FROM Iwan Baan
Iwan Baan Captures Cities from the Sky The Highland Corridor that runs between Melrose Avenue and Santa Monica Boulevard here in LA has seen a huge transformation in the last few years. The trend was started by furniture dealers Blackman Cruz and Joel Chen, then art heavyweights like Shaun Regen of Regen Projects and New York transplant Perry Rubenstein moved in. Rubenstein's latest show features Iwan Baan, a Dutch photographer who launched his career with gritty and beautiful photographs of iconic buildings, including Michael Maltzan’s Inner City Arts in LA. He’s become known for photographing cities from the sky to better capture the social and economic story of a place. And he seems to know helicopter pilots wherever he goes. This lead to him capturing perhaps his most career-changing photograph—of Manhattan, split into dark and light. He tells the story, which includes arriving in New York one day before Hurricane Sandy, on a commission for Swiss architects Herzog and de Meuron. The series is called "The City and the Storm," and it is on show along with other works by Iwan Baan at Perry Rubenstein at 1215 N. Highland Avenue.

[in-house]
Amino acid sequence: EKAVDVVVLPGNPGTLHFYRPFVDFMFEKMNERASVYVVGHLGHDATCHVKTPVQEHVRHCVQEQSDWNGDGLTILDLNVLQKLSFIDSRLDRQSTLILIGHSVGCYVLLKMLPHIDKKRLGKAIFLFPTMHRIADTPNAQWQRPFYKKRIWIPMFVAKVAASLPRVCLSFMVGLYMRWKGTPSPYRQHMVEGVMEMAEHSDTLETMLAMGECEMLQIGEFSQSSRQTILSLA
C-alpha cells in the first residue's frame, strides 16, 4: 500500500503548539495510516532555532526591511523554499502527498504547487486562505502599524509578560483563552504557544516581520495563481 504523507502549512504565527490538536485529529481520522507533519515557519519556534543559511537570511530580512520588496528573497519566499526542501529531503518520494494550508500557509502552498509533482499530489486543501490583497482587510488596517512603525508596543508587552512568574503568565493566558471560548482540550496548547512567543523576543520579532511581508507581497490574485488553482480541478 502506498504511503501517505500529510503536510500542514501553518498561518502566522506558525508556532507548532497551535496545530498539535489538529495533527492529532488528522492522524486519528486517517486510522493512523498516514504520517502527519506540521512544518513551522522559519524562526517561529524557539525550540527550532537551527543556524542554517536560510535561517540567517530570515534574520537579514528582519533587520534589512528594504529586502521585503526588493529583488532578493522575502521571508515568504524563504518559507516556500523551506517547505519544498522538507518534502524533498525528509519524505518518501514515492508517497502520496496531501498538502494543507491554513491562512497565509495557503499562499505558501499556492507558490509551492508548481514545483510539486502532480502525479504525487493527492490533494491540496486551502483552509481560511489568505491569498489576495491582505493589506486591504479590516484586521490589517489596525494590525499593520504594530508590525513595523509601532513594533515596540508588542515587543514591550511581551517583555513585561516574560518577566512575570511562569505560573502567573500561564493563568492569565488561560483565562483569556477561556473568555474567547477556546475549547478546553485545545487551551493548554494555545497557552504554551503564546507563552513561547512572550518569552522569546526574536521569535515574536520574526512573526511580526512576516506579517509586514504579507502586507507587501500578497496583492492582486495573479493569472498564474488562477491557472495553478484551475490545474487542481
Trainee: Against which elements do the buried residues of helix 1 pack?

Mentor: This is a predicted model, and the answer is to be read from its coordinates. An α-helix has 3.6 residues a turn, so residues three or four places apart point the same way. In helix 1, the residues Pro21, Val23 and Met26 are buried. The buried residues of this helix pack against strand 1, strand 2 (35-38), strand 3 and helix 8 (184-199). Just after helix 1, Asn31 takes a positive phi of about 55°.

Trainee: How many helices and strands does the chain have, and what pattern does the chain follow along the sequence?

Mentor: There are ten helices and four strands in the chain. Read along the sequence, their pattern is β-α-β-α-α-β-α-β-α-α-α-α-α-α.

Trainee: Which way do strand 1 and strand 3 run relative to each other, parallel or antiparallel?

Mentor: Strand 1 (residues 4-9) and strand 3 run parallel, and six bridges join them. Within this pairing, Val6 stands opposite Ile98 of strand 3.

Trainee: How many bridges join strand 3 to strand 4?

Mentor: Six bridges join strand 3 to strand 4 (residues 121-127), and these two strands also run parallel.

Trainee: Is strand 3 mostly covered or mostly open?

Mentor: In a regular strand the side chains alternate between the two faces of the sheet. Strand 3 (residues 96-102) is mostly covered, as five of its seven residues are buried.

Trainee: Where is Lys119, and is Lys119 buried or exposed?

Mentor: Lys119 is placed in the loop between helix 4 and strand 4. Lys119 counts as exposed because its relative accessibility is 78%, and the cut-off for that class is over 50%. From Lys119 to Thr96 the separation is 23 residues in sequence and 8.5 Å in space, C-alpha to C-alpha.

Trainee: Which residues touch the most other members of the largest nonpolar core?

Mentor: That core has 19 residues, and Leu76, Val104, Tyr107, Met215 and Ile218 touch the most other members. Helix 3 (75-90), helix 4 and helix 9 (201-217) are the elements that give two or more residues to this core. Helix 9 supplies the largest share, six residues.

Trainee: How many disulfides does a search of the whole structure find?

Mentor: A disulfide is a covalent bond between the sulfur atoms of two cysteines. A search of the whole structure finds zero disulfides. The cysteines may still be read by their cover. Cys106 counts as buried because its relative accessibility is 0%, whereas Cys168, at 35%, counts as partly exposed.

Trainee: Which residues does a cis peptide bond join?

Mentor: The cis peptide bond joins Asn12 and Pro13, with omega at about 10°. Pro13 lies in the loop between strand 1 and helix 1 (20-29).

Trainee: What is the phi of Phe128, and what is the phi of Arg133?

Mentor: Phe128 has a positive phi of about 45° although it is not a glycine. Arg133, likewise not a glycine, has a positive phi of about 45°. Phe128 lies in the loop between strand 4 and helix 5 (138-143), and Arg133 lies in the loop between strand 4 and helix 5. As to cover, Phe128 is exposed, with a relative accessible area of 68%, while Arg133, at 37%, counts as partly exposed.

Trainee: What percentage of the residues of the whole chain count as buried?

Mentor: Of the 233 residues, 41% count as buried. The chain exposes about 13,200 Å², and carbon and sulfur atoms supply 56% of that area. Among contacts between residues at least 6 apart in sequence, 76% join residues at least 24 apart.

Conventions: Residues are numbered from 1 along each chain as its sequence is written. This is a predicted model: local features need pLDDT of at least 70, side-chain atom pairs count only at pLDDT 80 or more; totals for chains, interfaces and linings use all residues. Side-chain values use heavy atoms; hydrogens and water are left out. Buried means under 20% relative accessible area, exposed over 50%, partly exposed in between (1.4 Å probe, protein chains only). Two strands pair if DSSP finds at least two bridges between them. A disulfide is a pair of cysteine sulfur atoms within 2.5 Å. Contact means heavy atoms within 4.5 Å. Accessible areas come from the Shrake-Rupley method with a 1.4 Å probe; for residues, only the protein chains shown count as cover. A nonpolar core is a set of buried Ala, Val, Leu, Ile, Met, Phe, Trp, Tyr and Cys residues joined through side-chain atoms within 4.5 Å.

LA cleantech's future, music photographer Mick Rock As President Trump embraces dirty fuels, what happens to LA's burgeoning cleantech industry? Start-up companies are planning for an uncertain future but staying optimistic. Veteran photographer Mick Rock defined a musical era. Now the camera has been turned on him. Mick Rock and Barnaby Clay talk about capturing glam and its legacy in Shot! The Psycho-Spiritual Mantra of Rock.
Symbols of protest, lighting up EDM festivals The Women's March made a huge impact, in part because of its widely worn pink knitted "pussyhat." Does the March for Science need its own unifying symbol? Lighting designer Steve Lieberman is "the man behind the lights" for the country's leading electronic music festivals and nightclubs. He talks about his early experiences with rave culture, and what it takes to spark the excitement of today's EDM fans.
Are we at war with Syria? The U.S. fired Tomahawk missiles against Syria in response to this week’s sarin gas attack. Russia condemned the U.S. attack. What does this mean for U.S.-Russia relations? What does it mean for Donald Trump’s foreign policy, which previously had a hands-off approach to Syria and removing Bashar al-Assad?